Public Art

Date: 24 Nov 2008 | posted in: environment | 0 Facebooktwitterredditmail

In the early 1970’s, several cities adopted”one-percent-for-the-arts” policies. One percent of public capital spending had to be spent for art that enriched public spaces. Today more than 100 communities have adopted such provisions. Some- like Fort Lauderdale, Dallas, San Francisco and San Jose – have increased the requirements to 1.5 or 2%.

The Houston/Harris County Cultural Arts Council has compiled a comparison of programs.

Financing Public Art – Dallas

The city recognizes the importance of expanding the opportunities for its citizens to experience public art and other projects resulting from the creative expression of its visual artists in public places of the city.  The city further recognizes the substantial economic benefits to be gained in the form of increased tourism through enhancement of public spaces and consequent retail activity throughout the city.  A policy is established in this article to include works of art and design services of artists in certain city capital improvement projects.… Read More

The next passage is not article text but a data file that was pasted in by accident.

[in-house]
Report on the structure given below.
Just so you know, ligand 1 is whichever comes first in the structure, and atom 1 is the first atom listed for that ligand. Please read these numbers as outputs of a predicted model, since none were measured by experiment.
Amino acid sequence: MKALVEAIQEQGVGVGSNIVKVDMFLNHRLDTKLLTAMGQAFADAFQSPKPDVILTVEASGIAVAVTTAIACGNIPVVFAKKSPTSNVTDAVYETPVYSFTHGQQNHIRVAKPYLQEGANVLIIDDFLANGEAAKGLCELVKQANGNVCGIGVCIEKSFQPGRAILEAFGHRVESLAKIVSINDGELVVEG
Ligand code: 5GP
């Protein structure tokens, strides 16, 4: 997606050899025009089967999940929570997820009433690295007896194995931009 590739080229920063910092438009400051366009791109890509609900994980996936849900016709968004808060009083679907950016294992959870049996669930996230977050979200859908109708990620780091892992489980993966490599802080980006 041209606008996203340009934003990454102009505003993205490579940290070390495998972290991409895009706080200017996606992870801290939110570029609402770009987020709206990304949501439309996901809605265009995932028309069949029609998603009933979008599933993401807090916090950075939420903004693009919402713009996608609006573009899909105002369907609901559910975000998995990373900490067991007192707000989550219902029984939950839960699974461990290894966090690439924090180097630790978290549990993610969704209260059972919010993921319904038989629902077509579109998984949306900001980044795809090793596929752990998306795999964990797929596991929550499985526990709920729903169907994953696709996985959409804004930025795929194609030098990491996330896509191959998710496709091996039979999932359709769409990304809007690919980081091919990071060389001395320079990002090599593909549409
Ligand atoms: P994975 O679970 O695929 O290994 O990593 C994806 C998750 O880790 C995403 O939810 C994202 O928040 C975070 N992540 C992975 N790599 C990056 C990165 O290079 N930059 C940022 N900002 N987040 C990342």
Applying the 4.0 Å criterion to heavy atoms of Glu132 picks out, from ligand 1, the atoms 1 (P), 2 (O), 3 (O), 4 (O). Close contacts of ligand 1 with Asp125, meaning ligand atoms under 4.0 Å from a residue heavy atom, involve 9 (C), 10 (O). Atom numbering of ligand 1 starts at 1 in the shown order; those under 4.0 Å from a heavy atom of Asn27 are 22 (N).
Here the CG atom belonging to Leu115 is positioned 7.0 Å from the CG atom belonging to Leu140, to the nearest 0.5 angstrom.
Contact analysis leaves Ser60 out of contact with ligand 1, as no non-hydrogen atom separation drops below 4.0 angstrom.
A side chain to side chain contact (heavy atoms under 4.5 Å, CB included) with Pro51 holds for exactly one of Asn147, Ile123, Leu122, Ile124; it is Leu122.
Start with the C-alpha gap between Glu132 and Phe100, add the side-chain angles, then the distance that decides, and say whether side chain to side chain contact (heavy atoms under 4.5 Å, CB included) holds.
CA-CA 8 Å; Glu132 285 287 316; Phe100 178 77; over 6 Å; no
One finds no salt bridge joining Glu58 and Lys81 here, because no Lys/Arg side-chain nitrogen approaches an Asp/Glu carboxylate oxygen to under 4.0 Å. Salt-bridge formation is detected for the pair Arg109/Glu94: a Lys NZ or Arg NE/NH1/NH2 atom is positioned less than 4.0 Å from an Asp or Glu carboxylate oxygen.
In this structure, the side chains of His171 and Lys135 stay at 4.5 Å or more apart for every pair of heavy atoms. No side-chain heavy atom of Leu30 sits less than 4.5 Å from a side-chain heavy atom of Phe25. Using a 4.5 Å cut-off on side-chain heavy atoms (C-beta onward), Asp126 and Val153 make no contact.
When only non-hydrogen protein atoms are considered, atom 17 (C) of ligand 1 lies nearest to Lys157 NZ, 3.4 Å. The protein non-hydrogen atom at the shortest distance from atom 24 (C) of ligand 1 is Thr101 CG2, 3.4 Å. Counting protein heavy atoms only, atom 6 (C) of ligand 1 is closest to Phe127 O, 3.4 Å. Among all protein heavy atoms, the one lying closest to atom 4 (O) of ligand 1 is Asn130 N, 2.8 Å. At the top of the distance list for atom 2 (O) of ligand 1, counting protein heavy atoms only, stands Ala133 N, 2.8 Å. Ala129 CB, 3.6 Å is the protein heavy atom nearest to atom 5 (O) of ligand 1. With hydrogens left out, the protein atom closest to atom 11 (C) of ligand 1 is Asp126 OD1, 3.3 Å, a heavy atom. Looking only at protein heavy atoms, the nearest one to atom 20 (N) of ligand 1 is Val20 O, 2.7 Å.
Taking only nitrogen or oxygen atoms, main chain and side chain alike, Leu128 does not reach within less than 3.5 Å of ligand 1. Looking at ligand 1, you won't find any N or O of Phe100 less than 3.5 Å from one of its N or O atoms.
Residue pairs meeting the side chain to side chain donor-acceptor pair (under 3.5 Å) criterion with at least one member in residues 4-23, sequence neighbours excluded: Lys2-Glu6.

Financing Public Art – Tampa

Tampa, Florida has gone beyond public spending to require that both city government and private developers of commercial properties allocate funds for art in public places. Developers must invest 1% of the project budget in art or contribute to a city art fund (maximum of $200,000 per project). The code also creates a public arts committee.

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